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Trauma survivors are the majority of clients in human service systems ~Browne & Finkelhor, 1986; Finkelhor, 1986; Kessler, Sonnega, Bromet, Hughes, & Nelson, 1995;462 • Journal of Community Psychology, July 2005 Najavits, Weiss, & Shaw, 1997; Neumann, 1994; Polusny & Follette, 1995!. Since providers have no way of distinguishing survivors from nonsurvivors, best practices are those that treat all women as if they might be trauma survivors, relying on procedures that are most likely to be growth-promoting and least likely to be retraumatizing. In this article, we emphasize interpersonal trauma, that is, childhood physical or sexual abuse, and adult experience of domestic violence, other physical or sexual assault, or rape. The term survivor refers to a woman who has experienced one or more of these traumas.

The effects of trauma can be seen in both problems directly related to trauma and problems that initially appear to be unrelated ~Allen, 1995; Courtois, 1988; Harris & Fallot, 2001; Herman, 1992; McCann & Pearlman, 1990!. Studies show that 60 to 75% of women in treatment for alcohol and other drug problems have experienced partner violence during their lifetimes ~El-Bassel, Gilbert, Schilling, & Wada, 2000!. Women with drug problems have also experienced more rapes and more different types of rape than have women without drug problems, and the duration of the rape experience tends to be longer ~Kilpatrick, Acierno, Resnick, Saunders, & Best, 1997!. Those with mental health, substance abuse, and interpersonal violence problems also have a myriad of other life burdens and problems ~see, for example, Brown, Huba, & Melchior, 1995!. These include homelessness, HIV-positive status ~Cohen et al., 2000!, difficulties with employment, family problems, and so forth. They have higher levels of health problems ~Liebshutz, Mulvey, & Samet, 1997! and use more health services than those with only one set of problems ~Brown, Recupero, & Stout, 1995; Liebshutz et al., 1997!. Relationships among substance use, emotional problems, violence, and trauma are often complex and multidetermined ~Clay, Olsheski, & Clay, 2000; Wilsnack, Vogeltanz, Klassen, & Harris, 1997!. Workers who are crosstrained are better able to sort out and understand the interrelationship between trauma, mental health issues, and substance abuse.

Trauma symptoms arising from past violence and the absence of a safe environment create obstacles to services, treatment, and recovery for survivors ~Saakvitne, Gamble, Pearlman, & Lev, 2000!. Strategies that survivors develop for self-protection, combined with the posttraumatic stress symptoms of hyperarousal or avoidance, make a survivor’s entrance into a service setting seem fraught with danger. Unacknowledged or untreated trauma and related symptoms interfere with seeking help for health, mental health, and substance abuse problems; hamper engagement in treatment; and make relapse more likely ~Brown, 2000; Brown et al., 1995; Janikowski & Glover, 1994; Melchoir, Huba, Brown, & Slaughter, 1999!. Many common procedures and practices in service settings retrigger trauma reactions and are experienced as emotionally unsafe and disempowering for survivors of trauma ~Harris & Fallot, 2001! Service systems that do not subscribe to principles of trauma-informed treatment or understand the pervasive long-term impact of trauma may inadvertently create an invalidating environment. As a result, they may fail to reach many women and experience higher dropout rates than necessary.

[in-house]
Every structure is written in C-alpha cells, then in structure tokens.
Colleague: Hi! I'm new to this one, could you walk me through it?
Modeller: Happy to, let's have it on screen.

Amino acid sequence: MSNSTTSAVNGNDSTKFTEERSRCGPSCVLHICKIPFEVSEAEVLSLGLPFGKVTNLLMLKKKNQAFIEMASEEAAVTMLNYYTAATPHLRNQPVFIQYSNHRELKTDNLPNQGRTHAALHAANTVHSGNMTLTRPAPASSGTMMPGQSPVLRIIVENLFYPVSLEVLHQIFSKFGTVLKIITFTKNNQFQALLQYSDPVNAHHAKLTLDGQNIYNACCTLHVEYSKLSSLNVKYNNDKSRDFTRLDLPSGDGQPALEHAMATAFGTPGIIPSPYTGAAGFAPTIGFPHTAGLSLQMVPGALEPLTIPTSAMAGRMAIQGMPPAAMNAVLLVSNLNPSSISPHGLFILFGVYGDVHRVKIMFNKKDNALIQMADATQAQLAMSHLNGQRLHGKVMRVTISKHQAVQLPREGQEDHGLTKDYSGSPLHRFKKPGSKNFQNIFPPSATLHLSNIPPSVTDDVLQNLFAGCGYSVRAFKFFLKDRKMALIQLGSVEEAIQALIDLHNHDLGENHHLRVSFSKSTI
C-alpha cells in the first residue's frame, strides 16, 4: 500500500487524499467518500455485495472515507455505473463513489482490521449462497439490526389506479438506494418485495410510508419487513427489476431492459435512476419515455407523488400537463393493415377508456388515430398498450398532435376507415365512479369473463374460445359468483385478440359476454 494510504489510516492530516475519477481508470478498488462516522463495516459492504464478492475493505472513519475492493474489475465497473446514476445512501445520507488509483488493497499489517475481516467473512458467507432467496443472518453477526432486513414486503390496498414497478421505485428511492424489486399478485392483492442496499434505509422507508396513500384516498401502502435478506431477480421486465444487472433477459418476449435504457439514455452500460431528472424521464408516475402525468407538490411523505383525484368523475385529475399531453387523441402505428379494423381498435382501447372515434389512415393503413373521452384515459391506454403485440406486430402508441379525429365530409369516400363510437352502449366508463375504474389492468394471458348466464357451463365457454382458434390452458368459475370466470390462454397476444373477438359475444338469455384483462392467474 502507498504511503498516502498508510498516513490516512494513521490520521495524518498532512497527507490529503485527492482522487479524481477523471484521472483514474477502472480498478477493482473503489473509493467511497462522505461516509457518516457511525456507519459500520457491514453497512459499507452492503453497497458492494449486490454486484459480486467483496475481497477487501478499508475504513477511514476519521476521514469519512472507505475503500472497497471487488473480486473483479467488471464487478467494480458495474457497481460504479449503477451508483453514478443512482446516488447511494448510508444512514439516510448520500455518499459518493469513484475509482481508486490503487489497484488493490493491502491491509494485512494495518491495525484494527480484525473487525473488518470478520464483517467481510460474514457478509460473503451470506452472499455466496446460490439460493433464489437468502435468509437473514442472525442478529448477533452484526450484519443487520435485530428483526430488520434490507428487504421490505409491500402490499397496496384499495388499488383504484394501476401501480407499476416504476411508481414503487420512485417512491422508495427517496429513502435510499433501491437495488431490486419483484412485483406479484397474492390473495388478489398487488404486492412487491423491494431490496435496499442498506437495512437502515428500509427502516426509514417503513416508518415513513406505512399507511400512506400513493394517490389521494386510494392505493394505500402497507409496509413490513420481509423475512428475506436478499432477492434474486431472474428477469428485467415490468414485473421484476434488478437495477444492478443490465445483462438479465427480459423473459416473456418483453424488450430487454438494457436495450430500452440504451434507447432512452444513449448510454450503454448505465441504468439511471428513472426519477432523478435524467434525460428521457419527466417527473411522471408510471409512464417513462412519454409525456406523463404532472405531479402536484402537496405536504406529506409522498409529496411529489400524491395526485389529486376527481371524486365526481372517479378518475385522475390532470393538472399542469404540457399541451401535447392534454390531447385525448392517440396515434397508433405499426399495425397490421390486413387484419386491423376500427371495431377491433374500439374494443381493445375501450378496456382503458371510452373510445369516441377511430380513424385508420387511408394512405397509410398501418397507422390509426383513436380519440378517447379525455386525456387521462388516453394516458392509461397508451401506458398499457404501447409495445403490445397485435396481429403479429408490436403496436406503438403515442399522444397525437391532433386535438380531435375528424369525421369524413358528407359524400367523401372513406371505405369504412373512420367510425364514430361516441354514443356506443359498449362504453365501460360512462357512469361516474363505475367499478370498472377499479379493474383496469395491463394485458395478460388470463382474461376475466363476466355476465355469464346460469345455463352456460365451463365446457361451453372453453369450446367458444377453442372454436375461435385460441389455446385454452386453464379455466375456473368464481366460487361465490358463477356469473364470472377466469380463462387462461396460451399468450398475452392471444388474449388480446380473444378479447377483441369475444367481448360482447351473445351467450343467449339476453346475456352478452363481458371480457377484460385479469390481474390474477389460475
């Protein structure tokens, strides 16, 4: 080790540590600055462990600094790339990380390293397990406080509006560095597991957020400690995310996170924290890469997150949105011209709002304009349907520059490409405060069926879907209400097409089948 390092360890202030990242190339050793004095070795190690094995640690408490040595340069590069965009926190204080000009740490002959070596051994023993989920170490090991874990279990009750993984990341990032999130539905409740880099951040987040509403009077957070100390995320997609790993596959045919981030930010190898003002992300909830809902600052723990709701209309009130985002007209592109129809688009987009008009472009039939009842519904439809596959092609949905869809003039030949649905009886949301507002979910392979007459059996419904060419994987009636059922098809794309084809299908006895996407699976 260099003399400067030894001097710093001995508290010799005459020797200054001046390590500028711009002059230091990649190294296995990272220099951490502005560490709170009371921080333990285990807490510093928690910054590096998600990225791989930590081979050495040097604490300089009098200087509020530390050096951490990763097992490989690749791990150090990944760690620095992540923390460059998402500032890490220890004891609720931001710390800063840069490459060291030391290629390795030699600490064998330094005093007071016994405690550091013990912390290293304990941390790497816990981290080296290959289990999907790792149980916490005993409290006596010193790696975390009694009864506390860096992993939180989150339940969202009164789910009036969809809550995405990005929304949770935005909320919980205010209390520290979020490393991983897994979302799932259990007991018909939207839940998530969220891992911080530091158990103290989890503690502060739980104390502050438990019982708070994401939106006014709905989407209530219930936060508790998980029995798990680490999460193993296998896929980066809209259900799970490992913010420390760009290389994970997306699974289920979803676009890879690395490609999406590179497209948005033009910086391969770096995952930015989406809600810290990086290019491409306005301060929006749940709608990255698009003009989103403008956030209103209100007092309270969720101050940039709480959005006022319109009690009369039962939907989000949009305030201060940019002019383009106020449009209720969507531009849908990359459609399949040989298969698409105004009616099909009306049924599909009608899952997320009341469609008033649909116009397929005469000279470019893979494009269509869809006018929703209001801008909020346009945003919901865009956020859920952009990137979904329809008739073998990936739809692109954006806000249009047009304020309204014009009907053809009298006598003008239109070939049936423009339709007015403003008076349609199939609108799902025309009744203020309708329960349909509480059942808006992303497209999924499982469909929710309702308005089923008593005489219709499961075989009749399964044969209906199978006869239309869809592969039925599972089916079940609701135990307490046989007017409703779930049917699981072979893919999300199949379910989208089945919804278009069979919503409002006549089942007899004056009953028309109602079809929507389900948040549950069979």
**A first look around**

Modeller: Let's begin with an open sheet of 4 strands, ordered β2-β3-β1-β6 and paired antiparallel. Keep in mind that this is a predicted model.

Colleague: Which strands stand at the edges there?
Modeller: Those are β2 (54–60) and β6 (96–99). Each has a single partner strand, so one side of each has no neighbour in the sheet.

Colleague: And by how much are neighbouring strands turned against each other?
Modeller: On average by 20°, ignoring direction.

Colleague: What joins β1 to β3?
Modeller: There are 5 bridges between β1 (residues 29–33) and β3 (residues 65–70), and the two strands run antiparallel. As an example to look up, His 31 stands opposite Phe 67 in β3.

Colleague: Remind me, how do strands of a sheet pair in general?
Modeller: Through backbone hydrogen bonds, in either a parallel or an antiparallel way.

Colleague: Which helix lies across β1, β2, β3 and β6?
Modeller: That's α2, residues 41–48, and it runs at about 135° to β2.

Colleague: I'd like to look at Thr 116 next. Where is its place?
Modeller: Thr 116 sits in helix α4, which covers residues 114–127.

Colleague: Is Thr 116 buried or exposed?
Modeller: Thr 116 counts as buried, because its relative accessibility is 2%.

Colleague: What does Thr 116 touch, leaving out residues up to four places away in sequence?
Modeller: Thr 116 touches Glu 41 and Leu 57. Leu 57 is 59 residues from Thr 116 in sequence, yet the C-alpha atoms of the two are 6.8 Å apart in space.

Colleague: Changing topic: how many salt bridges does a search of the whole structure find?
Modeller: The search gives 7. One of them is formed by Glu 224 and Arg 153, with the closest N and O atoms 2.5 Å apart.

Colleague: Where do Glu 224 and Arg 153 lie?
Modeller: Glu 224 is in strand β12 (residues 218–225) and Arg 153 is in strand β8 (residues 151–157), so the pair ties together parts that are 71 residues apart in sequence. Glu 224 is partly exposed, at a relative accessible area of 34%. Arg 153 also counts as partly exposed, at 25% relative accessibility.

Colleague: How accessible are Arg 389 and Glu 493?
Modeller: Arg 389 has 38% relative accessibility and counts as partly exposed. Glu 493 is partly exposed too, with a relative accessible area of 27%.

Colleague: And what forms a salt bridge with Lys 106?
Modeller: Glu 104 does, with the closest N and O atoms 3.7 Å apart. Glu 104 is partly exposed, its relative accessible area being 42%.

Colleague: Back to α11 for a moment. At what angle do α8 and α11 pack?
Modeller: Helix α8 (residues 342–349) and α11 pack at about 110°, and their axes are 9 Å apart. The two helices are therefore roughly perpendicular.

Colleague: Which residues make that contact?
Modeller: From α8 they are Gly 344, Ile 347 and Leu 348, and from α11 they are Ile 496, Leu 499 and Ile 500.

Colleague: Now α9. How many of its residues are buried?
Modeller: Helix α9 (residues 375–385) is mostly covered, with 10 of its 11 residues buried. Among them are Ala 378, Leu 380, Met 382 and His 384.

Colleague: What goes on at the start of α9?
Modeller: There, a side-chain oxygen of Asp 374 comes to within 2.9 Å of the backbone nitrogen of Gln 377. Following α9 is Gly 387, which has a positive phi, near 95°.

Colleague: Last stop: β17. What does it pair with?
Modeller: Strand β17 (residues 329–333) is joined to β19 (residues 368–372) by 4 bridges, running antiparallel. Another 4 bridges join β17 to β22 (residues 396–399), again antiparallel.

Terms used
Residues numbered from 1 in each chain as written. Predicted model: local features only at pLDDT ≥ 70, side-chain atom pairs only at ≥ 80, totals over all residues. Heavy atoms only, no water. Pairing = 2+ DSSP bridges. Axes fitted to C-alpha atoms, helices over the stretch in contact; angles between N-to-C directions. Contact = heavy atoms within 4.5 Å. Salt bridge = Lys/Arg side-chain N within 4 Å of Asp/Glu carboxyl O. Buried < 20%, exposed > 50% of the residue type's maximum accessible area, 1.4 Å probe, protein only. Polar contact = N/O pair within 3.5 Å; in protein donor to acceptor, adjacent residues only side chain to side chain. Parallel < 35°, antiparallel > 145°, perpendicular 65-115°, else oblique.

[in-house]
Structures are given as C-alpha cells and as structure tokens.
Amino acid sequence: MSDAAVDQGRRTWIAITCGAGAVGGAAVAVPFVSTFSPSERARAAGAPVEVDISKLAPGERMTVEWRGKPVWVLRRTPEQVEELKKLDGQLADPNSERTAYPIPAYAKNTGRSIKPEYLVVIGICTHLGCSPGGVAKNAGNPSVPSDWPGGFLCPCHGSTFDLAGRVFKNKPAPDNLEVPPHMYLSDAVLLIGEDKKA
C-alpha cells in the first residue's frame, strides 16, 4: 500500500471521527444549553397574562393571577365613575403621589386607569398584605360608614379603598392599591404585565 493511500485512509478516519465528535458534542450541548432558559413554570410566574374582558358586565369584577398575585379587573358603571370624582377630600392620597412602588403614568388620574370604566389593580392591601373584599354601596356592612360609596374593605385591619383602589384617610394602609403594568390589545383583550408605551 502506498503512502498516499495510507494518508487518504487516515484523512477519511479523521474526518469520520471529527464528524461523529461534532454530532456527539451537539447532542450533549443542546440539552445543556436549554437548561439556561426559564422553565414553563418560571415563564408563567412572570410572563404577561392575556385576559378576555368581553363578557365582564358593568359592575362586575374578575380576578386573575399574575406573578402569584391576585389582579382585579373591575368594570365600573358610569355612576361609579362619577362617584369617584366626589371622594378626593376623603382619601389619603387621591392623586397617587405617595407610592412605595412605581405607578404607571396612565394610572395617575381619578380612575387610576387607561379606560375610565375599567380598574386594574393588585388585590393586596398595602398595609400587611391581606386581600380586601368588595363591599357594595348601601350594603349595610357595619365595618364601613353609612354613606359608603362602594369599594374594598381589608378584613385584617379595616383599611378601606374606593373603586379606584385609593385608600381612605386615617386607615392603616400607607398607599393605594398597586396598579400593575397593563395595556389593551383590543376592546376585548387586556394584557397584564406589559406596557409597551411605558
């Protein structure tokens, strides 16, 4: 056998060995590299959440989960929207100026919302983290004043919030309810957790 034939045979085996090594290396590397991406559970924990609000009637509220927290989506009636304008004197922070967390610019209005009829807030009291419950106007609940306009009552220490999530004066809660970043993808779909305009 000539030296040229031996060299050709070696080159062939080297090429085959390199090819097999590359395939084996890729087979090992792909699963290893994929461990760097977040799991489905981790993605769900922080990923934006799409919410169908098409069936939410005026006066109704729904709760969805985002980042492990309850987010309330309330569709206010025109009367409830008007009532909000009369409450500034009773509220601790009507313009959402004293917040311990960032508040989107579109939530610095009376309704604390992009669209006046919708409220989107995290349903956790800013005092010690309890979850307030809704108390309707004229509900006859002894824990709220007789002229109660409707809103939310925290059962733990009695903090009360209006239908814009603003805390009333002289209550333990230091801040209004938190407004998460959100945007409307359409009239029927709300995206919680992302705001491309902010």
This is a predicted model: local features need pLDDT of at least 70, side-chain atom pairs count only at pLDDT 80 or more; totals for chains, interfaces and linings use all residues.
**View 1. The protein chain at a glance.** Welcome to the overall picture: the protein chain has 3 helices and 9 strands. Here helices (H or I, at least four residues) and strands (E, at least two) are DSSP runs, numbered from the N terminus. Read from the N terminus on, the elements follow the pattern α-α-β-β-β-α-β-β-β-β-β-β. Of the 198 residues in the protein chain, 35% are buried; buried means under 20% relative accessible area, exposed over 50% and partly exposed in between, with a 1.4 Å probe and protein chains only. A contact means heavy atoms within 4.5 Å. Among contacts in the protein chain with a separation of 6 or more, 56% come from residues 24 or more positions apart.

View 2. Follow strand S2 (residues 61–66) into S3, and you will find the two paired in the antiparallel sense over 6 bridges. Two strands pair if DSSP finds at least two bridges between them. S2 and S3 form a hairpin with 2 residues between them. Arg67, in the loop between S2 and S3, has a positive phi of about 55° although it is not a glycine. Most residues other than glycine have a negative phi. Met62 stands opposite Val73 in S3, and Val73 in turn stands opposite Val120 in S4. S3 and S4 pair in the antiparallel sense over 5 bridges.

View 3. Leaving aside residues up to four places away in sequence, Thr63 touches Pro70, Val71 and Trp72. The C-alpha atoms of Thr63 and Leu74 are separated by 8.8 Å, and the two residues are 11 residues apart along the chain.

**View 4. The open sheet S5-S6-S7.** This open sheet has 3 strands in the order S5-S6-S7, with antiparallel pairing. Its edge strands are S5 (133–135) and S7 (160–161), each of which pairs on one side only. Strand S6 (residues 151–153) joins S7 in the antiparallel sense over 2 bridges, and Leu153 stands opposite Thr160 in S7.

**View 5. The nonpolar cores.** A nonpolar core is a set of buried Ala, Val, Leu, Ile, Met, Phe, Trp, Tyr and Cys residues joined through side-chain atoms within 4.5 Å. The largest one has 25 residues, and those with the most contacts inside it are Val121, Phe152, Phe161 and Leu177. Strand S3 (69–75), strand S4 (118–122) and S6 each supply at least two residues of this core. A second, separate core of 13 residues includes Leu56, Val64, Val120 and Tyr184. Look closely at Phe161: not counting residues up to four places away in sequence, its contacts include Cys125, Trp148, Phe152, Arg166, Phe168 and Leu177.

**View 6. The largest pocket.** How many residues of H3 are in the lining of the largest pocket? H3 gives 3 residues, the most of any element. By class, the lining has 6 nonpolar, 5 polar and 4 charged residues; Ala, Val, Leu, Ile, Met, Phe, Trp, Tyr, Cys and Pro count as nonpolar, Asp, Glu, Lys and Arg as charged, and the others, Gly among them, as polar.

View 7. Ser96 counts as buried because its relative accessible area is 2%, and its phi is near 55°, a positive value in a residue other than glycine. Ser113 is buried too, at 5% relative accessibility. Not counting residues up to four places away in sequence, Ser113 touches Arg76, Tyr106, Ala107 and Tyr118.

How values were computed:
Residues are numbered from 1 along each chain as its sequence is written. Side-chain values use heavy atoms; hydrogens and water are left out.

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The overall nine-site study has been described in detail elsewhere in this issue ~Huntington et al., 2005!. Sites included primary substance abuse treatment, mental health, and violence-against-women settings with many modalities and approaches. Particular sites focused on homelessness, criminal justice, and other societal issues.

Trauma-Informed or Trauma-Denied

Data were gathered from site-level and cross-site evaluations, two semi structured questionnaires developed for this project, and workgroup reports and activities. A modified Delphi process ~Linstone & Turoff, 2002! with four steps was used to identify and reach agreement on principles. First, the cross-site trauma workgroup ~composed of representatives from each site plus some project consultants! generated initial definitions and criteria for trauma-informed practice, discussing examples from different core services.

Second, a semi structured questionnaire was constructed and administered in all nine sites. This questionnaire asked about how the site defined and was operationalizing trauma-informed services, the steps it had gone through to do this, and examples in the eight core service areas. The questionnaire was completed by the person most knowledgeable about this work at each site. This individual usually consulted with others and with program records and process evaluation reports. Four questionnaires were completed either electronically or on paper, and five were administered in telephone interviews that were then summarized and approved by the interviewee. From these, a subgroup developed more detailed definitions of trauma-informed at two levels—in terms of the relationship between staff members and program participants, and within the larger organization.

Third, these definitions were then shared with workgroup members and slightly modified to reflect additional examples and perspectives based on the workgroup members’ experience. Finally, workgroup members took each of the eight core services and discussed the application of the principles within each area, with examples from different sites. The authors were all members of this workgroup and have synthesized this article from all of these sources of information.